By Sierra Firley
I wake up, roll over to my nightstand, pick up my mason jar and chug. After a few moments, my body manages to drag my body to the kitchen and peel one slice of orange off the one I’ve been working on this week. I followed the slice with another glass of water. Usually I would end my breakfast there, but for the past ten weeks I’ve been eating for two. So, I peel off another slice and eat half of it. I set the rest down on the table for tomorrow and make my way to the bathroom. While my shower gets hot, I peel off my socks, bottoms, and t-shirt, and bundle them into a ball on the floor. The next part of my morning routine has become dreadful; it’s weigh-in time. I close my eyes and step onto the scale. When the number reads 104 lb, I taste my shame. As quickly as I can, turning to the toilet, I shove my fingers down my throat. The orange and water do not fight to stay with me.
When I step into the shower, I examine my body. I am constantly aware of the amount of space I take up, and it always feels like too much. With seven billion people in the world, it seems greedy to take up any more than absolutely necessary. It’s not about looking skinny, it’s about feeling light. If only the world could carry me effortlessly through the breeze. I adore the effortlessness of thin air. Pre-pregnancy, at eighty nine pounds, I still feared my tomb would be too heavy for the Earth to bear. I would never want to inconvenience anything as sacred as the ground I have walked on with the duty of bearing me. Instead, I hope my bones whistle like the sound of leaves in the wind.
In between shampoo and conditioner I study my stomach and the little bump that has formed over where my ribs used to protrude loudly. I feel disgusted by the skin muting them now. In truth, I resent this child for taking up space in my body. I resent this child for insisting that I grow too. I ate an extra piece of orange for this unborn mass of weighted cells, and while the water is running down my body, I imagine what it must look like to watch from the bottom of my stomach as I slide my fingers down my throat. I bet it’s desirable, to see first hand how a famished body is an act of rebellion. You don’t need anything, baby, I whisper.
I turn off the shower and grab the towel from its hook on the wall. Again, I am reminded of my changing body when the towel only wraps around my now fuller body once. I sit on the toilet in hopes of a bowel movement, but instead my stomach clenches and halts. My vagina is warm, and I reach in between my legs only to feel something wet and slimy. Within a few moments, my very own child slides into my hand. I feel a sadness brew in my stomach where I have spent the last ten weeks sustaining another being. I lift my hand and the fetus out of the toilet and slide onto the floor.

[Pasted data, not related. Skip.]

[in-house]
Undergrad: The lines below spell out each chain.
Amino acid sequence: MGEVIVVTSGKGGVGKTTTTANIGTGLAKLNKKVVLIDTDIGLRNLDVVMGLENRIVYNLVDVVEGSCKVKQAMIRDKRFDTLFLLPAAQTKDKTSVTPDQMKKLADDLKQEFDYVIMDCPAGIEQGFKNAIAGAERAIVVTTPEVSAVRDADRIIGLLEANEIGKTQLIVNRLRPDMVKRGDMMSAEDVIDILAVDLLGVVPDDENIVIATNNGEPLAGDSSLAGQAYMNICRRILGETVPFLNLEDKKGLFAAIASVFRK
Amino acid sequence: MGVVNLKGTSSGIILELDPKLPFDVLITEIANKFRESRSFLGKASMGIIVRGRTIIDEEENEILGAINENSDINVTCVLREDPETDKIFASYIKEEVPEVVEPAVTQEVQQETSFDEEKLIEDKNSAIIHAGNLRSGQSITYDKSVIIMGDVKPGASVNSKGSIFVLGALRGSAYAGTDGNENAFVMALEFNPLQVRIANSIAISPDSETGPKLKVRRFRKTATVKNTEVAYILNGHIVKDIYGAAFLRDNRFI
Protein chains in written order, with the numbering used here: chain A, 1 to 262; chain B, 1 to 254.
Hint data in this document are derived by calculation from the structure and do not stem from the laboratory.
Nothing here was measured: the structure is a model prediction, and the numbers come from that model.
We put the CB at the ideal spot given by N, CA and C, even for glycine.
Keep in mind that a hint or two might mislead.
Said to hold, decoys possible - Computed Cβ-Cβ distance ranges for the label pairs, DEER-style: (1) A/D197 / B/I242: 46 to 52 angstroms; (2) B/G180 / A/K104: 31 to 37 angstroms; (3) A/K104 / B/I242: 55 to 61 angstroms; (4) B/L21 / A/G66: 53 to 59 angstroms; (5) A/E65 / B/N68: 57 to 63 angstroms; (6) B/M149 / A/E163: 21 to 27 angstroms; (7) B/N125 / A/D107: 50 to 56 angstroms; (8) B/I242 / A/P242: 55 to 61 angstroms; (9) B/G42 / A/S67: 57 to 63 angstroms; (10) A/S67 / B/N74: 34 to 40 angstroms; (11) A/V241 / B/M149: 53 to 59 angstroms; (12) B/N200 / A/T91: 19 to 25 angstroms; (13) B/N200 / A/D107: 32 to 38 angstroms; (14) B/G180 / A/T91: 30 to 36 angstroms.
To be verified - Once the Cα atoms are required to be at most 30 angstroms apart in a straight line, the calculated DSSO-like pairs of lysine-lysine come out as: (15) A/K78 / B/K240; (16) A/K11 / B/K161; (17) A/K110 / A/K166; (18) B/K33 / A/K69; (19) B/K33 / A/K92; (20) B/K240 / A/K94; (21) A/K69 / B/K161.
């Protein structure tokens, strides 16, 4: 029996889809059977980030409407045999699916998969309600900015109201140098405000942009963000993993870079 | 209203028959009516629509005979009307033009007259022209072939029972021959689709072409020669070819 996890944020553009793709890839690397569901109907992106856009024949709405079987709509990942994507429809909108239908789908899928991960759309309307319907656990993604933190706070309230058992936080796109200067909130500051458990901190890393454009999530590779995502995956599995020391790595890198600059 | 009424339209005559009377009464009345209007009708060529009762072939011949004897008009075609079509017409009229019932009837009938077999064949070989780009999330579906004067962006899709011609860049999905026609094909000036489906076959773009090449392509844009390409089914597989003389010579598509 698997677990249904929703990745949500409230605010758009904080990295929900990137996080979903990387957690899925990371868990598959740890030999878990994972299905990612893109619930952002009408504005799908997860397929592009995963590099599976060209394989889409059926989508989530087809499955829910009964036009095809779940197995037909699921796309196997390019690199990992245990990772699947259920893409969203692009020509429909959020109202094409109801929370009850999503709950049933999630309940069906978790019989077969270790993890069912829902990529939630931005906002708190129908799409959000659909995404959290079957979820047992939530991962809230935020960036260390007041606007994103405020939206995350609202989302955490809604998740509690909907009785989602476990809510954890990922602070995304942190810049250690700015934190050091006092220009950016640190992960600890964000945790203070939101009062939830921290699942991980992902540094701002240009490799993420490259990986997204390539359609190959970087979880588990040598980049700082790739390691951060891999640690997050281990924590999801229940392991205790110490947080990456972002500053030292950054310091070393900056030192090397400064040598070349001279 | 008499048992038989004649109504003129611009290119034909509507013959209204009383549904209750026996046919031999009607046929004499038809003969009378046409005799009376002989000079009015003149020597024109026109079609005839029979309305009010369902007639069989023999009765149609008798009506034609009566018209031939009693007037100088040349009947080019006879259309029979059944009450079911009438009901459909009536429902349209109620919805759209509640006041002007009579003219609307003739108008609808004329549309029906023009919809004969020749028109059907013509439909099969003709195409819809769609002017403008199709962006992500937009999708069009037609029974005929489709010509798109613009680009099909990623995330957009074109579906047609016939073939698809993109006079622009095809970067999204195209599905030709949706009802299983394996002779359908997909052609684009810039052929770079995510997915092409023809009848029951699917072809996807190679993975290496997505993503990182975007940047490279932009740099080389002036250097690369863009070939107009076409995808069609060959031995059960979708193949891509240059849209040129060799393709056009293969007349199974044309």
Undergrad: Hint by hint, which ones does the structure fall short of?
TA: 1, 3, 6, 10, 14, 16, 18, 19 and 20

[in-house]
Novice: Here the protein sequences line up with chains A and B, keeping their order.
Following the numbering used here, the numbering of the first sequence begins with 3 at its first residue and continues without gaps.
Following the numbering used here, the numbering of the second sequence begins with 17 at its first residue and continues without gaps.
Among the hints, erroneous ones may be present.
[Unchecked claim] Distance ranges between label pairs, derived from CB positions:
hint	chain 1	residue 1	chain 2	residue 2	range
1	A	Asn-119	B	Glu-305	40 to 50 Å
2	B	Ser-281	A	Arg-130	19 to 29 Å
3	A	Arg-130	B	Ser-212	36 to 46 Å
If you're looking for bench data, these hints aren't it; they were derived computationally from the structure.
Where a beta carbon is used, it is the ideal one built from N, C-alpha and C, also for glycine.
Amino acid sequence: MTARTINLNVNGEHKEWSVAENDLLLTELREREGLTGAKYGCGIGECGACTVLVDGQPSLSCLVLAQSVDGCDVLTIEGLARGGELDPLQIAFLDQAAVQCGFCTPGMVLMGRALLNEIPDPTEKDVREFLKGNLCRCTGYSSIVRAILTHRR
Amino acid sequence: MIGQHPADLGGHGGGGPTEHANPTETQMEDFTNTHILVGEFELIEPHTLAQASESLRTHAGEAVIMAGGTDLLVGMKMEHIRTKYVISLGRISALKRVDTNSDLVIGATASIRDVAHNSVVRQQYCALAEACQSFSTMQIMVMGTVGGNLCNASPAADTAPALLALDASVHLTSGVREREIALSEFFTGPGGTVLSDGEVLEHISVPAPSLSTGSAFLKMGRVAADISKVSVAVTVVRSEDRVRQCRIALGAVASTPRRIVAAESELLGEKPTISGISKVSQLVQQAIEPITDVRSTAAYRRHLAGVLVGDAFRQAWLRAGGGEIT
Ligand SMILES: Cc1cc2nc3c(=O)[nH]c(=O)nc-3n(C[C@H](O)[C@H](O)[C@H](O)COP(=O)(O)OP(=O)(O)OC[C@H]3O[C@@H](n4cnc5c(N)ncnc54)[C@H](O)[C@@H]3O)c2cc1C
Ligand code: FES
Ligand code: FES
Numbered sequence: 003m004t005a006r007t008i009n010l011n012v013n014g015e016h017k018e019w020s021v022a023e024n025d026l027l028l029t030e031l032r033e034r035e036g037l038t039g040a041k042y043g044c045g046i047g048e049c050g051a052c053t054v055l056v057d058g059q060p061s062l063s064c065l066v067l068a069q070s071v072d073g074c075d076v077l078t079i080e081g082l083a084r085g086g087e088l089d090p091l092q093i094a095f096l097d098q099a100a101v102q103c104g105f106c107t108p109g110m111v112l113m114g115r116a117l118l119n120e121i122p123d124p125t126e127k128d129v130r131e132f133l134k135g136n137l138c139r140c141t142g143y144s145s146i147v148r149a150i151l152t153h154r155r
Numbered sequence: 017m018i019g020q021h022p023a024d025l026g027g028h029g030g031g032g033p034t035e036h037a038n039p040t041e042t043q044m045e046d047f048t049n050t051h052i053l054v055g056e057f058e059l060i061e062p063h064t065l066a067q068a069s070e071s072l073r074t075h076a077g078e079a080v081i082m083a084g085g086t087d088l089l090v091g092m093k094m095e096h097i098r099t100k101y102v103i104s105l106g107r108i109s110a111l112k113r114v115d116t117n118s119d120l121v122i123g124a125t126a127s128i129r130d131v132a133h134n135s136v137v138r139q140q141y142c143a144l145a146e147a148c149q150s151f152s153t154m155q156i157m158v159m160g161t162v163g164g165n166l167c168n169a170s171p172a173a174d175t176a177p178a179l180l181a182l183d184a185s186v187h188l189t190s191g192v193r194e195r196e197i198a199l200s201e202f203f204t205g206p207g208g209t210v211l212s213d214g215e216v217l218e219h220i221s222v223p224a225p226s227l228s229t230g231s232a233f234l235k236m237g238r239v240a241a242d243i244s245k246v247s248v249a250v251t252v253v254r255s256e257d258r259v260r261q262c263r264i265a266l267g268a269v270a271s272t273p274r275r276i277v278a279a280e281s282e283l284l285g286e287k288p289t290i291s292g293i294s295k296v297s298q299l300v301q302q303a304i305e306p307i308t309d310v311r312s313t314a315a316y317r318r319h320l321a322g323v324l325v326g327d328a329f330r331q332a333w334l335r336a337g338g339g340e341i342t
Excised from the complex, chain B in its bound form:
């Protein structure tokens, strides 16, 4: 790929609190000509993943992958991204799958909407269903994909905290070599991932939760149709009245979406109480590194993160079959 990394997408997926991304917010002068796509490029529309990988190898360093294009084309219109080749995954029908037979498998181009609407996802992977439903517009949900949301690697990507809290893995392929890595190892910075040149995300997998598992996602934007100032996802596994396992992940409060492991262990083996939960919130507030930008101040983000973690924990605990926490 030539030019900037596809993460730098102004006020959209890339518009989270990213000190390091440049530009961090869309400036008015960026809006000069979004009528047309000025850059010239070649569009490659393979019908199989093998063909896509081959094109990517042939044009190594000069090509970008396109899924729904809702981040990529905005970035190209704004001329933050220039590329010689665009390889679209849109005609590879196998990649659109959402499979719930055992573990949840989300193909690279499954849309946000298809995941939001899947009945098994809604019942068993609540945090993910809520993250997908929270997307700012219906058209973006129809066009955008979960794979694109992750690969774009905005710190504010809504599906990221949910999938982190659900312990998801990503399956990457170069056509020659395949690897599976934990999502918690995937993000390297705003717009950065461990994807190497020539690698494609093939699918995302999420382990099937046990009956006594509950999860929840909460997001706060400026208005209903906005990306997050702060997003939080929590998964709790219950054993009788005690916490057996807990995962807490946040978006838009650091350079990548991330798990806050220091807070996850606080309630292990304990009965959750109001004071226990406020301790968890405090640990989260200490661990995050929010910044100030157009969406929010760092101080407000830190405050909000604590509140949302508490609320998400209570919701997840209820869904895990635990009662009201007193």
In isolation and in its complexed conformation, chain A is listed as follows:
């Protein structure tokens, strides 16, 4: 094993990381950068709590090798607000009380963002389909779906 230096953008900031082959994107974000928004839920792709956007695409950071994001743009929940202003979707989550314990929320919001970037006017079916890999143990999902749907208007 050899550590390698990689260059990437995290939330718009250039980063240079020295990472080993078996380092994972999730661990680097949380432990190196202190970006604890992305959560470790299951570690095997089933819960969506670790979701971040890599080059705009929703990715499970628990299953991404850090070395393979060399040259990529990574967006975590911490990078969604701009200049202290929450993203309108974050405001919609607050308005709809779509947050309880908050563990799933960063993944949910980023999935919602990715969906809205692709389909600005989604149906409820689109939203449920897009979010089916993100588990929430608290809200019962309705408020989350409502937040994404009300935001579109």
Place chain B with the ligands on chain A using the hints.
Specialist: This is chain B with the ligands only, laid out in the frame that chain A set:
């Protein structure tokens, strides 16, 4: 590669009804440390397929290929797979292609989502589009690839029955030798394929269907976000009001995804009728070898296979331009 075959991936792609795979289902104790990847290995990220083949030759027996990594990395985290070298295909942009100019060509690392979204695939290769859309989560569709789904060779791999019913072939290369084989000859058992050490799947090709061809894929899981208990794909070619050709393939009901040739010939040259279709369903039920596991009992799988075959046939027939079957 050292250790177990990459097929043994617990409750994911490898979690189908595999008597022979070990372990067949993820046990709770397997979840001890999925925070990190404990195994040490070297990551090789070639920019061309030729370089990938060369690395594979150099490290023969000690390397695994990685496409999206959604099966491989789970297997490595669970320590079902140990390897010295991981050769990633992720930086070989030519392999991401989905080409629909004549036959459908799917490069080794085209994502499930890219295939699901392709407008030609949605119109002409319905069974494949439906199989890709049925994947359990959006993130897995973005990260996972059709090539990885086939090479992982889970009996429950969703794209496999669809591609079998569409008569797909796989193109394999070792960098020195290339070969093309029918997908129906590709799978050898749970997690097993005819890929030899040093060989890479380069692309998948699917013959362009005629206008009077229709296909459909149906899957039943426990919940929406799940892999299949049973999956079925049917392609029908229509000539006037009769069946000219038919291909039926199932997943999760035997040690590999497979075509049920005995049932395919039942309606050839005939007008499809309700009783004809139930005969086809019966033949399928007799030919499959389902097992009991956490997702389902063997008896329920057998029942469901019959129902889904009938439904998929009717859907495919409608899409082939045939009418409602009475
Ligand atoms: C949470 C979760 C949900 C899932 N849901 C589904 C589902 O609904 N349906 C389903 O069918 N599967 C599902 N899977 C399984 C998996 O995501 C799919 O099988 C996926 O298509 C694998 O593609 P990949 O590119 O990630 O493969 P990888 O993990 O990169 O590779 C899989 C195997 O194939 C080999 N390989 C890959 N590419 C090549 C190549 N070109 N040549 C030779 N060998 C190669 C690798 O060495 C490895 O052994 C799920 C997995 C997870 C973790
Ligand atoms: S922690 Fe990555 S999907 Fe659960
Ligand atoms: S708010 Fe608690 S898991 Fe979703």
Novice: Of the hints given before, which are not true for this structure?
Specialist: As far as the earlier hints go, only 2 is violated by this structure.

For a few moments, I study the bloody creature. I cannot help but feel envious of the fact that this human fits in the palm of my hand. How beautiful to stare at something I created that mirrors my desire to be frail. The resentment that felt as if it got heavier inside of me with every ounce I have gained slides off my shoulders and brings me to an epiphany. You are brave, baby. I suddenly feel proud. I thought this little being was intrusive and heavy, only here to weigh me down. Yet it gave its life so that I would not have the burden of carrying it. You understand, baby. You gave up your space so that I could float. I’m locked in an one sided conversation with my dead fetus, whom I owe so much gratitude.
Fuck those suicide bombers who strap explosions to themselves in crowded areas for a God who never carries them up the stairs to heaven. Fuck the cowards who jump off bridges and make the ocean drag them to the banks. Bravery is not and never will be anchoring yourself blindly to an already sinking ship. I will do my best baby, not to wish away the risen light purple streaks you began to embed onto my stomach, consider it a nobel prize, baby. Nothing is ever going to hurt you now, baby. I am sorry, baby, that there just wasn’t enough space for the both of us.
Nothing’s Gonna Hurt You, Baby.
By Sierra Firley